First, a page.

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R.I.P. Battlestar Galactica star Richard Hatch

(Photo: Bill Watters/Getty Images)
(Photo: Bill Watters/Getty Images)

Bleeding Cool reports that Richard Hatch, the star of the original Battlestar Galactica, and an important part of its celebrated mid-2000s reboot, has died. Hatch—a former soap opera star who became a nationally recognized face thanks to his work on the sci-fi show, and who struggled for years to find success on his own terms—was 71.

A California native, Hatch made his way into acting in the 1970s, working as a guest star on everything from Barnaby Jones to The Waltons. He got his first big break in 1976, taking over the lead role on cop drama The Streets Of San Francisco when star Michael Douglas departed the series to pursue his film career. But the change was unpopular, and the show was quickly canceled. That seeming disappointment opened Hatch up for the opportunity that would come to define his career, when Glen A. Larson tapped him to play Captain Apollo in the original Battlestar Galactica series.

Leveraging the 33-year-old Hatch’s pin-up model looks, the series saw him play a heroic fighter pilot, protecting humanity’s “rag-tag fugitive fleet” from the hateful Cylons. Though it lasted only a single season (plus a pair of movies recut from old episodes), Galactica managed to tap into the same fervent fandoms that helped lodge the Star Trek and Star Wars franchises in the public consciousness. It would also come to define, at least in part, the entire future direction of Hatch’s career.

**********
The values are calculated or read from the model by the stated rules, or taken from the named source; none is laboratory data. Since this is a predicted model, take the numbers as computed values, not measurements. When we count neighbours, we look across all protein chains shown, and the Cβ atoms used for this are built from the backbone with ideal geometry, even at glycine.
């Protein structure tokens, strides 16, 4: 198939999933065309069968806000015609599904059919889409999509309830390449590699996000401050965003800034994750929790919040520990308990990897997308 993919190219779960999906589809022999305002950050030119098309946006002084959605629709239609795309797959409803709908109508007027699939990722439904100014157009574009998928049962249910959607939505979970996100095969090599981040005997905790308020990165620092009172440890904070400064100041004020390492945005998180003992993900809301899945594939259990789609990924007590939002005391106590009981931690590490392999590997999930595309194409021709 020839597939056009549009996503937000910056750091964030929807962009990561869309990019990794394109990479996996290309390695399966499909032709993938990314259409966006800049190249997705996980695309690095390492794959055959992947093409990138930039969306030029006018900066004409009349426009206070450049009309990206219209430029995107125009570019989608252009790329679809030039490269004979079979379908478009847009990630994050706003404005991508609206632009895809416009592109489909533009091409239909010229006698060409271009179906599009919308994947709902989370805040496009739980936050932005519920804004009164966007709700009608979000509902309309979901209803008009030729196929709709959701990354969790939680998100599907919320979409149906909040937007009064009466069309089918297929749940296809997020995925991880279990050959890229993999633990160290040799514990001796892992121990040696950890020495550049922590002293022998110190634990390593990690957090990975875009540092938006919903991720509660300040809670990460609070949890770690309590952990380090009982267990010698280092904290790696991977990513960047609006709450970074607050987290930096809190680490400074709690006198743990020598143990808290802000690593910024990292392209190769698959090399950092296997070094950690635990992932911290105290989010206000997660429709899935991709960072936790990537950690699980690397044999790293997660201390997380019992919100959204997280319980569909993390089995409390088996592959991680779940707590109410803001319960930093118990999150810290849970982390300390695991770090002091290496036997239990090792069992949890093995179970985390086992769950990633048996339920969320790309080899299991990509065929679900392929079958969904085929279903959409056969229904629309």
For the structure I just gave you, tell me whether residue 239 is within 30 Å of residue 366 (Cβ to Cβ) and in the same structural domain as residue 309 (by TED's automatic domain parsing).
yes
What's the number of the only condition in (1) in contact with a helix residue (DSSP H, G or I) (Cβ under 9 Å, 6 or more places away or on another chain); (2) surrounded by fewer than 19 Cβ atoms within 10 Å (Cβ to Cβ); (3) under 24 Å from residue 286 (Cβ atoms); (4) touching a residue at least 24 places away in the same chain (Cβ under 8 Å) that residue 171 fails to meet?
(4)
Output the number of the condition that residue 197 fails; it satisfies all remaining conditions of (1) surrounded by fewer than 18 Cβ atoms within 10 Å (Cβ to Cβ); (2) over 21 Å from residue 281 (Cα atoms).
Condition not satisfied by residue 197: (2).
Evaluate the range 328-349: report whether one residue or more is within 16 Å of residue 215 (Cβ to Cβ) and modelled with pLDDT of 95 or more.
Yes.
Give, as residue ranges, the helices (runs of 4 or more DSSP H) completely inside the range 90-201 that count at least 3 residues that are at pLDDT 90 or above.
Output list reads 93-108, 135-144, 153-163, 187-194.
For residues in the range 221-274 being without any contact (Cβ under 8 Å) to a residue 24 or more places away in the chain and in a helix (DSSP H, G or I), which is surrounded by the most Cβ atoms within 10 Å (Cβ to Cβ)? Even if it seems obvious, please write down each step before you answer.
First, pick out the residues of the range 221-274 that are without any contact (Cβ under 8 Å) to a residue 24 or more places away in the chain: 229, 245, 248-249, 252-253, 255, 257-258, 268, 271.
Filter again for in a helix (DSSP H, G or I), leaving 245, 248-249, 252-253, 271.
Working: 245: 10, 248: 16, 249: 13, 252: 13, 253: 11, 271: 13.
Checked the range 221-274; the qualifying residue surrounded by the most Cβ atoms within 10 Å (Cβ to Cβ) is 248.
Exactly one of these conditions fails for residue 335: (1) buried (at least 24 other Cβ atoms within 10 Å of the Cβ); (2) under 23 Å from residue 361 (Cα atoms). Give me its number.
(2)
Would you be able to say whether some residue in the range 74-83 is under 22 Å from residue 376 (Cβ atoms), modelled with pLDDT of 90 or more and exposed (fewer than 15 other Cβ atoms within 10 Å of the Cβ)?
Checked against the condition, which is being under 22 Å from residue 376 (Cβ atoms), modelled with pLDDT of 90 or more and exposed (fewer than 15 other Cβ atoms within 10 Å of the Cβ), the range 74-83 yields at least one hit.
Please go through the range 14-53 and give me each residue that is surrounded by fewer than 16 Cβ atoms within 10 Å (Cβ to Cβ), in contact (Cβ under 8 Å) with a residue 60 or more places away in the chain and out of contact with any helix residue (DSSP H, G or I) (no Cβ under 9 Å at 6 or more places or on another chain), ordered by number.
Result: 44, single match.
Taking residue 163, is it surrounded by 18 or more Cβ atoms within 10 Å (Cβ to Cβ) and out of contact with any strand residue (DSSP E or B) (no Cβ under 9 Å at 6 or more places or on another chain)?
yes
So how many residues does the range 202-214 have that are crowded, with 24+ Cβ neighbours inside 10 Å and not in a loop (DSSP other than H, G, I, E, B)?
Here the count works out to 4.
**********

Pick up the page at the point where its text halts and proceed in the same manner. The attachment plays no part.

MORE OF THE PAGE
The next 20 years were lean ones for Hatch; besides some low-budget movies, he continued to work in TV, racking up guest star credits on shows like Dynasty, Murder She Wrote, and The Love Boat. In the 1990s, he delved deeper into the world of Galactica, writing or co-writing a number of novels centered in the universe. A long time science fiction fan, Hatch began developing his own plans for a sequel series to the show, ones that were made more or less hopeless when Ronald D. Moore successfully pitched his own reboot of the series to Syfy in the mid-2000s.

Initially hostile to Moore and his program—saying he was “exhausted and sick” thanks to its attempts to toss away the original continuity of the show—Hatch thawed toward the series after meeting Moore in person at a Galacticon Q&A. That led to a guest-star role for Hatch on the new series, playing Tom Zarek, a former hero turned political terrorist. What could have been a one-note cameo became much more, though, as Zarek evolved into a recurring illustration of the moral extremes humanity was forced to grapple with in the face of its own extinction. In Hatch’s older hands, he became an infinitely more compelling character than the old Apollo, a charismatic opportunist capable of mixing sleaze and heroism in equal measures.

After Galactica ended, Hatch’s career continued much as it had before; he attempted to launch his own reality show with his son, Paul, titled Who The Frak, and continued to star in low-end genre fare and teach acting to others. One of his final performances, though, was as part of a love letter to a different science fiction franchise, co-starring in the legally troubled Star Trek fan film Prelude To Axanar. Unfortunately, his death came before he could appear, as scheduled, in the full film version of the project; given his long relationship with science fiction, and his frequent appearances at conventions and other fan events, it could have been a fitting coda to his career.

Hatch’s death was reported earlier today; he was memorialized on Twitter by several of his co-stars and colleagues from the Galactica family.

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